In our recent white paper, The Modern Nurse Manager, laudio published several validating findings about the role of nurse manager. In summary, it’s one of the most difficult jobs in healthcare.
Essentially, most of the burden results from high ratios where a nurse manager on average is responsible for 85 staff nurses and, in some instances, up to 220. Now consider that about 80% of nurse managers have no previous managerial training, according to our study. Not ideal for creating a supportive culture driven by interpersonal relationships or what is now known as nurse engagement.
The challenge: how can a nurse manager be expected to know what they need to know about their direct reports in order to proactively engage them?
Fortunately, technology has been developed to solve that problem in the form of artificial/augmented intelligence (A.I.) and it has finally reached the healthcare industry.
This past week Kristen Hagerman MS, RN a heathcare informatics expert was a special guest on our laudio webinar to explore the applications of A.I. Kristen has held leadership positions in nursing, hospital operations, and informatics departments, including Systems Director at Christus Health; Vice President, Chief Nursing Informatics Officer at Advocate Health Care; Chief Nursing Officer at a private sector health-tech firm; and Founder of Connected Care Advisors.
In her discussion, she explained 4 key components of a comprehensive A.I. solution, whether used for clinical or non-clinical purposes. According to Kristen, a successful, impactful solution must be:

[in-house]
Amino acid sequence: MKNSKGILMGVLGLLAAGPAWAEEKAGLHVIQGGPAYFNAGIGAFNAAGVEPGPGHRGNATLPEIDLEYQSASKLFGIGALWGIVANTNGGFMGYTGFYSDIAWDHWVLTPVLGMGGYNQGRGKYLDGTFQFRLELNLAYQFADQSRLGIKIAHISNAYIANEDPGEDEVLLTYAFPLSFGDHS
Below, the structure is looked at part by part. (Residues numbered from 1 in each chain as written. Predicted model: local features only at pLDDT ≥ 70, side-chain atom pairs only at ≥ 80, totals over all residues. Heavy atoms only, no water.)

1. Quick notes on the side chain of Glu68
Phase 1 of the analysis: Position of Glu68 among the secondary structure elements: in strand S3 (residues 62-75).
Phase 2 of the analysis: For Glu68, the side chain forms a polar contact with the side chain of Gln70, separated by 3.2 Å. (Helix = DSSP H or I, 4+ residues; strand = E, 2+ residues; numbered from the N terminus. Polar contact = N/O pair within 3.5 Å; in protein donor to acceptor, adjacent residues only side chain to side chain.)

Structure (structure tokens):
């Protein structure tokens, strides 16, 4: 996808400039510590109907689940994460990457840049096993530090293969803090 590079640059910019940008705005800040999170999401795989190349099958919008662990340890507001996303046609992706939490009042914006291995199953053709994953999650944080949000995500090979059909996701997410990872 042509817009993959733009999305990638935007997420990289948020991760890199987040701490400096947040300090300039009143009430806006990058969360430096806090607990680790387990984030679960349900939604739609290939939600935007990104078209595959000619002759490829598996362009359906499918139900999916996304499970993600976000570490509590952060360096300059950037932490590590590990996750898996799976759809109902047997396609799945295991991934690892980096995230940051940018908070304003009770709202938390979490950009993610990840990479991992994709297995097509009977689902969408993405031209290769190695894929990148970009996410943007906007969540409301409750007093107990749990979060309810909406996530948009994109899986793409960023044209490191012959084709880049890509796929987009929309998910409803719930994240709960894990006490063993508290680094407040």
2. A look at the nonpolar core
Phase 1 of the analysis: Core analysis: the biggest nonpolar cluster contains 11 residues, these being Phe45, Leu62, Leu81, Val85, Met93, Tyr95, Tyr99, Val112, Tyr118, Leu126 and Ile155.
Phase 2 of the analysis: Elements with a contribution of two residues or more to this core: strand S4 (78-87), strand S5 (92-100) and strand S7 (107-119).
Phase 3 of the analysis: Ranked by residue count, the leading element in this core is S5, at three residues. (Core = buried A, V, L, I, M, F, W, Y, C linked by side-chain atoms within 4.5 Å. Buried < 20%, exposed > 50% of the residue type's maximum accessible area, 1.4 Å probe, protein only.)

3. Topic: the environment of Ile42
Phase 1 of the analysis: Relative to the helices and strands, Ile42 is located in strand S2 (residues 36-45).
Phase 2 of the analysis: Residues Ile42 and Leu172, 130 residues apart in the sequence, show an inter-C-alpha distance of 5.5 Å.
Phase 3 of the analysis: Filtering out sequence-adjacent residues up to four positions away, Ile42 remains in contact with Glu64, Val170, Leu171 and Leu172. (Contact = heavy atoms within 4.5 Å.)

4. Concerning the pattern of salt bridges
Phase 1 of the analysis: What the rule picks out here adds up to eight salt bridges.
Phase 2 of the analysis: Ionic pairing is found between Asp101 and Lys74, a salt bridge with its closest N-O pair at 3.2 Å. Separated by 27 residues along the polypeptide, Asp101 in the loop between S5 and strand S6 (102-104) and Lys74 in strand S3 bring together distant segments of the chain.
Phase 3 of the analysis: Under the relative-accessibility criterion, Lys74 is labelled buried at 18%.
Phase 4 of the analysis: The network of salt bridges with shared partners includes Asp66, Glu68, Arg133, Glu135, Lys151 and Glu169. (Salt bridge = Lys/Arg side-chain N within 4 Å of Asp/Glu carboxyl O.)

• Individually-focused – holistic
• Action-oriented – reduces cognitive workload
• Scalability – pilot to full organization
• Speed-to-Impact – implementation
Then, focusing on strategies for A.I. specifically in nurse engagement, Kristen outlined the type of data that nurse managers require to build meaningful interactions with individuals on their team. These data included:
• Time and attendance
• Staffing and scheduling
• Competency and certification information
• Performance evaluations
• Incident reports
• Staff development planning
She also explained that to traditionally access this information, “a number of organizations are looking in different data systems, for example their HR system, their educational repository, and perhaps their time and attendance… often looking at spreadsheets with multiple screens open to correlate it yet there is no official analysis of having all this data layered in and having an immediate picture.” She continued to explain how technology solutions like laudio aggregate this information for nurse managers and – using calculations and machine learning – provide insights, recommendations and tools to engage immediately.
Now equipped with evidence and data at his or her fingertips, the nurse manager can reach out with affirmation to recognize nurses who deserve appreciation and also with intervention for other nurses who may be at risk for turnover, based on predictive analytics.
During the webinar, we highlighted the comprehensive research that informed the algorithm. And we dove into the C-A-R-E-S framework, which classifies all the collected data into 60 observations about each nurse that is instantly made available to nurse managers.